#Nasty Women Writers—Zora Neale Hurston: The Real Deal, by Maria Dintino

hurston#Nasty Women Writers—Zora Neale Hurston: The Real Deal


by Maria Dintino

On learning that Zora Neale Hurston died in a county home alone and broke, I felt angry and sad. But after reading Alice Walker’s article In Search of Zora Neale Hurston that appeared in Ms magazine in 1975, I agree with Alice. Zora left no room in her life for pity and “was not a teary sort herself.” Zora was a force and through her writing, we get that.

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When I moved to St Augustine, Florida, I noticed a historical marker in front of a house indicating Zora lived there for a while.

The house Zora lived in in 1942 while writing her autobiography, Dust Tracks on a Road.

The house Zora lived in in 1942 while writing her autobiography, Dust Tracks on a Road.

Reading the biography, Wrapped in Rainbows by Valerie Boyd, I discovered Zora was married in St Augustine early on in her life and conducted some anthropological research here at one point. Recently, a small park in town was named for Zora. All of this baited me to uncover more about this intriguing woman.

A historical marker commemorating Zora’s various connections to St Augustine and her friendship with Marjorie Kinnan Rawlings, author of The Yearling.

A historical marker commemorating Zora’s various connections to St Augustine and her friendship with Marjorie Kinnan Rawlings, author of The Yearling.

Alice Walker, author of The Color Purple, is credited with reviving Zora, discovering her while in college and documenting the pilgrimage she made to Eatonville and St Piece, Florida to discover Zora’s unmarked grave.

While there, Alice spoke with several people who knew Zora and one in particular shed light on Zora’s later years. Dr. Benton, says, “Sometimes she’d run out of groceries – after she got sick – she’d call me. ‘Come over here and see ‘bout me’, she’d say. And I’d take her shopping and buy her groceries.” When Alice inquires about Zora’s funeral, he insists, “She didn’t have a pauper’s funeral! Everybody around her loved Zora.” Of course they did.

I imagine Zora, which means dawn, was named by her mother who saw a light in her daughter, the beginning of something refreshingly untainted. Her father saw trouble, a girl who didn’t know her place and would pay the price. Zora’s mother died when she was thirteen and from there she was on her own, bouncing from place to place, continually striving for an education (which she masterfully achieved attending Howard University, Barnard College and Columbia University), and eventually playing a central role in the Harlem Renaissance.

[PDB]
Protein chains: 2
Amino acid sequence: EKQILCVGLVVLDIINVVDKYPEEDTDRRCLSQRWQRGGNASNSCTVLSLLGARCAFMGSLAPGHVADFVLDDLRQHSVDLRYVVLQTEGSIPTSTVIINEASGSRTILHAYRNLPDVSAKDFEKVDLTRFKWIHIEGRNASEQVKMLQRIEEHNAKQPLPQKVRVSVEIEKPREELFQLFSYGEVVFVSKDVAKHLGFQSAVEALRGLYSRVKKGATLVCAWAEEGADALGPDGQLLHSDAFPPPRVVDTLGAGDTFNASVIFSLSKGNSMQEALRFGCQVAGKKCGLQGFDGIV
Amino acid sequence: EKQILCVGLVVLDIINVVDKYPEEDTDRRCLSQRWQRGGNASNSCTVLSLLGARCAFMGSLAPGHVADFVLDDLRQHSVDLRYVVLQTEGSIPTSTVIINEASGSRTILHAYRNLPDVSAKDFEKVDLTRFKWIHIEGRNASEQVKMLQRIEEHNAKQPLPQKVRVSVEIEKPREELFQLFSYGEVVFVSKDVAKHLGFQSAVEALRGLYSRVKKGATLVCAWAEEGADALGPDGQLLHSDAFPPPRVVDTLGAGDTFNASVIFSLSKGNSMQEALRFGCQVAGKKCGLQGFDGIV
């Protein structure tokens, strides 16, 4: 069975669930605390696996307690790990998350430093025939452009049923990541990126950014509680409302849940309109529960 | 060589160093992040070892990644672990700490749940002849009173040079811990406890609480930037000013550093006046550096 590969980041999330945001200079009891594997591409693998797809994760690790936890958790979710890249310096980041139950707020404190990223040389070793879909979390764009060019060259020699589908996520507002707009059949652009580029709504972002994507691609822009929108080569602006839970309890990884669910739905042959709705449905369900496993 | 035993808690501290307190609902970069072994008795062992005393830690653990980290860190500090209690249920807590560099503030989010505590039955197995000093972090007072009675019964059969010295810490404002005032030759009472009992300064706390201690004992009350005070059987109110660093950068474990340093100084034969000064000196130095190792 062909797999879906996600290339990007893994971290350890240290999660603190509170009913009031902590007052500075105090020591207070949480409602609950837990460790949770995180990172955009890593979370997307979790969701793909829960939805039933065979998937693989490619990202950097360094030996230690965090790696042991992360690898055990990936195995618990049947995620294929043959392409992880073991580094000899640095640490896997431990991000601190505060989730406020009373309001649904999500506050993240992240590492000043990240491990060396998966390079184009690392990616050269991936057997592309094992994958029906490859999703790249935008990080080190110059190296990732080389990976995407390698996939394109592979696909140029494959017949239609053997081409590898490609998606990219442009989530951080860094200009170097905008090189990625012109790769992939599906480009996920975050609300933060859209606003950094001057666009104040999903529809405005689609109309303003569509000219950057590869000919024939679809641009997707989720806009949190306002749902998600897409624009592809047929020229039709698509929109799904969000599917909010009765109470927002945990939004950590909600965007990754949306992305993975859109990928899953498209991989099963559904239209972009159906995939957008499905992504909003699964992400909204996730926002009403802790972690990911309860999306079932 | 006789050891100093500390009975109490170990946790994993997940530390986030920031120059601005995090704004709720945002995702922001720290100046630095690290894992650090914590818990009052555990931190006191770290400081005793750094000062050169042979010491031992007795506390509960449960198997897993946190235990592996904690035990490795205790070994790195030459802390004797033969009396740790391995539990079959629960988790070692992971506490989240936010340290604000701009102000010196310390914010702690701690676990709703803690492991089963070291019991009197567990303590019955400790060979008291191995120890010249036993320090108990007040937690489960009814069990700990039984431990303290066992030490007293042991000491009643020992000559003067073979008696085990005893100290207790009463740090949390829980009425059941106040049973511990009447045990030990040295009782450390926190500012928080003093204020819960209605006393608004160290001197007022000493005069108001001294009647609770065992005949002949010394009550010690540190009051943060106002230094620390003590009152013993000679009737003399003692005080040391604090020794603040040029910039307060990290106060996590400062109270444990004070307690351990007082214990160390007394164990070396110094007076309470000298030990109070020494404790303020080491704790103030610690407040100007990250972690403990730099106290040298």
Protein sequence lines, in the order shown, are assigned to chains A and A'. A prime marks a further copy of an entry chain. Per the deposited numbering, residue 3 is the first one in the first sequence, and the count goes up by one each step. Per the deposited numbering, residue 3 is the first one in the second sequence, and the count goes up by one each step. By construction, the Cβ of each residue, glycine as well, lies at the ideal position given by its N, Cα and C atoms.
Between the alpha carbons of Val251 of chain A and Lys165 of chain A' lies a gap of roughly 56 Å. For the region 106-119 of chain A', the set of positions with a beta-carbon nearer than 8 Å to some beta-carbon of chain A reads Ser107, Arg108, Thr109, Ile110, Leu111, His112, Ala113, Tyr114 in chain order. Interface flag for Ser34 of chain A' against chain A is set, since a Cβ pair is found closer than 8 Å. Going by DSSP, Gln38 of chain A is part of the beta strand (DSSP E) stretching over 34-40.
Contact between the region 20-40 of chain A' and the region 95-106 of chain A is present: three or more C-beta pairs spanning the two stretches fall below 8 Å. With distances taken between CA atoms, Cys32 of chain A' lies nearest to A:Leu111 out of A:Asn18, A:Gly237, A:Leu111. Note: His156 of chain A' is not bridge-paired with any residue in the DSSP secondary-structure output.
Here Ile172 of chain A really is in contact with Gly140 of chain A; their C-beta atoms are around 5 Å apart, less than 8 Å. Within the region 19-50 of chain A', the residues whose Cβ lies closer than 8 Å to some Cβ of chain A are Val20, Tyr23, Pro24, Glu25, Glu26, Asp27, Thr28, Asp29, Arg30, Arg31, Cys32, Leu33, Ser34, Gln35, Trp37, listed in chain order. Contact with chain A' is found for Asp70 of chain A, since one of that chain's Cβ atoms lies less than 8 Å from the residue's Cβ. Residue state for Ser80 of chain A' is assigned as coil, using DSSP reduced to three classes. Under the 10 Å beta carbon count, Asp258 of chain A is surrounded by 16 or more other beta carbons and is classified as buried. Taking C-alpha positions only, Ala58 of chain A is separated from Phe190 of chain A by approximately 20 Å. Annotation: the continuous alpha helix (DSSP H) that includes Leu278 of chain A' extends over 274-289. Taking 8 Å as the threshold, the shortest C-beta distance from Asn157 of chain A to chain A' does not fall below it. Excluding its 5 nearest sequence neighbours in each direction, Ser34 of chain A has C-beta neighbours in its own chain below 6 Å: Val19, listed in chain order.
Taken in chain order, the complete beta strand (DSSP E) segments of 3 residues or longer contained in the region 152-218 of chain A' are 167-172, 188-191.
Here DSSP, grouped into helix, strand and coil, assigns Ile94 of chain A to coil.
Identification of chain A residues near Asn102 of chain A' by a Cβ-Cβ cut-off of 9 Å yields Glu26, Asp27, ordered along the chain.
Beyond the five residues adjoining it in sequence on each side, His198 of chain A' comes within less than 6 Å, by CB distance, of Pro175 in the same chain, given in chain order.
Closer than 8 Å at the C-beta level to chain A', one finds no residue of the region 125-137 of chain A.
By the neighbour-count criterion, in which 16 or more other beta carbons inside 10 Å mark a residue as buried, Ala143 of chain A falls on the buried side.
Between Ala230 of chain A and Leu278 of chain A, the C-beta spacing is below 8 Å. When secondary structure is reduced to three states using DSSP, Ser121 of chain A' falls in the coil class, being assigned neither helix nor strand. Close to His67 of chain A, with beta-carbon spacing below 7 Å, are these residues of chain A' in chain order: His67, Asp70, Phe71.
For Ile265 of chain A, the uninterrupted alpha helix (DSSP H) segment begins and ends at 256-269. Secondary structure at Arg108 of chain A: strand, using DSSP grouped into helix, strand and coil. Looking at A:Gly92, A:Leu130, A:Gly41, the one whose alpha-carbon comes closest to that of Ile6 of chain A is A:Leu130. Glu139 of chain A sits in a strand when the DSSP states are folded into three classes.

Growing up in Eatonville, Florida, the first all-black community in the United States, set the stage for Zora’s strength and confidence and her full embodiment of the richness of her black experience. She exuded a lushness, free from the disheartening and often tragic narratives understandably told by others subjected to white dominance and mistreatment their entire lives.

Previously an unmarked grave, Alice Walker had this headstone erected for Zora in 1975.

Previously an unmarked grave, Alice Walker had this headstone erected for Zora in 1975.

Make no mistake, once away from Eatonville, Zora experienced discrimination as much as the next, but she chose not to let it define her, not to let it seep into who she was.

As Zora said, “I am not tragically colored. There is no great sorrow dammed up in my soul, nor lurking behind my eyes. I do not mind at all. I do not belong to the sobbing school of Negrohood who hold that nature somehow has given them a lowdown dirty deal and whose feelings are all hurt about it. Even in the helter-skelter skirmish that is my life, I have seen that the world is to the strong regardless of a little pigmentation more or less. No, I do not weep at the world—I am too busy sharpening my oyster knife.”